It drew international outrage when Belarusian authorities grounded a passenger aircraft carrying an opposition journalist who was flying from Greece to Lithuania through Belarus' airspace.
But this was not the first time when a country tried to arrest a dissident on board. History shows planes are not safe havens for global dissidents.
After a “security alert,” the Lithuania-bound plane suddenly changed its direction and a Belarusian MiG-29 fighter jet was scrambled to escort the plane to the Minsk airport, where authorities arrested journalist Roman Protasevich and his girlfriend Sofia Sapega.
Both the EU and the US condemned the incident, while some European leaders called it “hijacking” and the US State Department described it as a “shocking act”.
However, Russian Foreign Ministry spokesperson Maria Zakharova criticized the response from the EU and the US. “[It is] shocking that the West calls the incident in the airspace of Belarus ‘shocking’,” she wrote on Facebook.
The International Civil Aviation Organization said on Twitter that it was “strongly concerned by the apparent forced landing of a Ryanair flight and its passengers, which could be in contravention of the Chicago Convention.”
“We look forward to more information being officially confirmed by the countries and operators concerned,” the UN agency added.
Protasevich is the founder of a social media news channel that reportedly played a major role in protests last summer in the Belarusian capital of Minsk, demanding the resignation of President Alexander Lukashenko after he won a sixth term in a presidential election.
In 2016, a plane of Belarusian flag-carrier Belavia was forced to return after it took off from the Ukrainian capital Kyiv for Minsk, close to the airspace boundary between Ukraine and Belarus. Ukrainian air traffic control ordered the plane to return without any explanation, according to a report by FlightGlobal, an aviation and aerospace news website.
“It was also stated that in the event of non-compliance with the order, fighters would be [sent to intercept],” FlightGlobal quoted the carrier as saying.
An Armenian passenger, who reportedly opposed the Ukrainian government and its closer ties with Europe, was briefly arrested by police, and the plane was allowed to return, according to the report. The passenger was only allowed to return there hours after.
The Belarusian Foreign Ministry slammed Ukraine after the incident.
In 2013, Evo Morales was forced to land in Austria when some European countries denied the plane of then-president of Bolivia entry into their airspace.
Morales was traveling to Bolivia following a Moscow summit where he announced that he would grant asylum to US whistleblower Edward Snowden. Although Bolivia denied it, Austria reportedly searched the plane for Snowden.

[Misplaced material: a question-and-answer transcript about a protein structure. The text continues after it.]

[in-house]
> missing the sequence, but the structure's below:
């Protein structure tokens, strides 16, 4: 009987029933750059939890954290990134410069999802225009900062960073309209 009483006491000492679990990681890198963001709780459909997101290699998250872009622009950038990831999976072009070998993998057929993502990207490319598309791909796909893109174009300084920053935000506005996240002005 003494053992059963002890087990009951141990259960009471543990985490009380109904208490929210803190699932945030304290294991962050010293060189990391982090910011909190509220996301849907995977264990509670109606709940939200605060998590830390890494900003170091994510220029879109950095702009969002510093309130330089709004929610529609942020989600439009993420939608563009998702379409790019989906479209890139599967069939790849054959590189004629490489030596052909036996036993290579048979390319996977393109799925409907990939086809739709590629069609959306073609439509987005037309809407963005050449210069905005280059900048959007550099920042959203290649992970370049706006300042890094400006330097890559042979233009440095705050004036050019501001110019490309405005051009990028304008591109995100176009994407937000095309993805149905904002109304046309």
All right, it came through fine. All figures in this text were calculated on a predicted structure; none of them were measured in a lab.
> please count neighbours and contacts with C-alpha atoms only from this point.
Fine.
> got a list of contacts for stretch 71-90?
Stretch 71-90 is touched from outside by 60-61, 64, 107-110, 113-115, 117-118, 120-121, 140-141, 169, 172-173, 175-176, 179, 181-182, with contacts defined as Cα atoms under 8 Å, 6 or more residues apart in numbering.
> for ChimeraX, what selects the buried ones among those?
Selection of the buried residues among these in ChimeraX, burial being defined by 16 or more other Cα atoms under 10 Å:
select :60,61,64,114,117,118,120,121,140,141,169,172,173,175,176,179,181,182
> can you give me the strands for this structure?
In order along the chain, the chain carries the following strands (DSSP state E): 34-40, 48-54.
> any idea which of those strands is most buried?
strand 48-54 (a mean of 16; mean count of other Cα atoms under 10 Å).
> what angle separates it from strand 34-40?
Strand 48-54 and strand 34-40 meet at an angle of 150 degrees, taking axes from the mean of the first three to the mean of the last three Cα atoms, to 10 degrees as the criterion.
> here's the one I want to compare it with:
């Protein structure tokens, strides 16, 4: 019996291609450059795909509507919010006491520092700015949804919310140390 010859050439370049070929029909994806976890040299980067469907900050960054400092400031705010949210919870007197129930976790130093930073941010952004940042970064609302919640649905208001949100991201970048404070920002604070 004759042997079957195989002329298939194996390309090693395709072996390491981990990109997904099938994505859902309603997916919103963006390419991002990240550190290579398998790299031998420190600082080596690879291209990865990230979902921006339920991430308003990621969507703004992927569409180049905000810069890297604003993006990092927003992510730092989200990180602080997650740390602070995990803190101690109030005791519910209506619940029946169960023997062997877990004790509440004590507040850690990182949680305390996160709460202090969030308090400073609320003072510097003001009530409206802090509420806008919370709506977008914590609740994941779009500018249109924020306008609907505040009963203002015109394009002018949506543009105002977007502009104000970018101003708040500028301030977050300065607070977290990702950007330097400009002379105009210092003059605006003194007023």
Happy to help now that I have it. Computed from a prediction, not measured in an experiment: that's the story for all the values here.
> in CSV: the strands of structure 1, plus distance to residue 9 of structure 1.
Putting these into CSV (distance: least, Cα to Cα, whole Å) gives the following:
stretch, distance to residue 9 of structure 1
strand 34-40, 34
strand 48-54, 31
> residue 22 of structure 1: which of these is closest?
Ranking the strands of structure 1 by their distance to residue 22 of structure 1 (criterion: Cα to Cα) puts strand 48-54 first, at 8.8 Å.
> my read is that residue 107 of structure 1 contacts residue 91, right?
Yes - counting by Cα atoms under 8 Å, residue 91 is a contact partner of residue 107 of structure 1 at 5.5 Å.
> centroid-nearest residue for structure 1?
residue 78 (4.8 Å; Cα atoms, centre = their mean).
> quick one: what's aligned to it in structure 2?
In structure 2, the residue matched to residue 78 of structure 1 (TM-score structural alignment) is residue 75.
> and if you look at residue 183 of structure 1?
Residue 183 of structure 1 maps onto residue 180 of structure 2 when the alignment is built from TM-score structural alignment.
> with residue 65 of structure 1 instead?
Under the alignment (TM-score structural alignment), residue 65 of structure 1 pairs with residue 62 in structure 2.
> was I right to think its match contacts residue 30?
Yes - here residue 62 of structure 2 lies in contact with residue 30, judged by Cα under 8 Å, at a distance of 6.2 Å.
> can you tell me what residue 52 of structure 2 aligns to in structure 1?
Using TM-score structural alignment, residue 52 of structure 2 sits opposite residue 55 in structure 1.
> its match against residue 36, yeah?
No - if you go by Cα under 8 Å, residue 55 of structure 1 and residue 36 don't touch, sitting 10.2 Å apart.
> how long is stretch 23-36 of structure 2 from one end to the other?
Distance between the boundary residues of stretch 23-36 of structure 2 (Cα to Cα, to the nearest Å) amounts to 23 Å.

Former US National Security Agency contractor Snowden, who leaked thousands of documents detailing a long-term surveillance program by the US government, was given asylum in Russia in 2013.
In 2012, Turkish fighter jets forced a Syrian passenger plane, which was en route from Moscow to Damascus, to land at Esenboga Airport in the capital Ankara.
Ankara suspected that the plane would be carrying weapons for the Syrian army. Turkey seized part of the plane’s cargo, and it was allowed to continue its flight to Damascus, according to reports. Then-Turkish Foreign Minister Ahmet Davutoglu said that Ankara was determined to prevent any weapons transfer to Syria over its airspace.
In 2010, Iran arrested Abdolmalek Rigi, leader of the militant outfit Jundullah, when he was flying from an Arab country via Pakistan, according to some reports.
There are conflicting reports on how Rigi was arrested. Some reports alleged he was on board a flight from Dubai to Kyrgyzstan, while others claimed that Rigi was handed over to Iran by the Pakistani authorities.
Iranian state media showed Rigi when he was handcuffed and escorted by masked Iranian security of the small plane.
In 1956, five senior members of the Algerian National Liberation Front (FLN) were on board a passenger plane en route to Tunisia from Rabat, Morocco. The French secret service sent fighter jets to intercept their plane and forced it to land in Algeria as it was then a French colony. Among the five people on board was Ahmed Ben Bella, who later become Algeria’s first president when it declared its independence.Anadolu Agency website contains only a portion of the news stories offered to subscribers in the AA News Broadcasting System (HAS), and in summarized form. Please contact us for subscription options.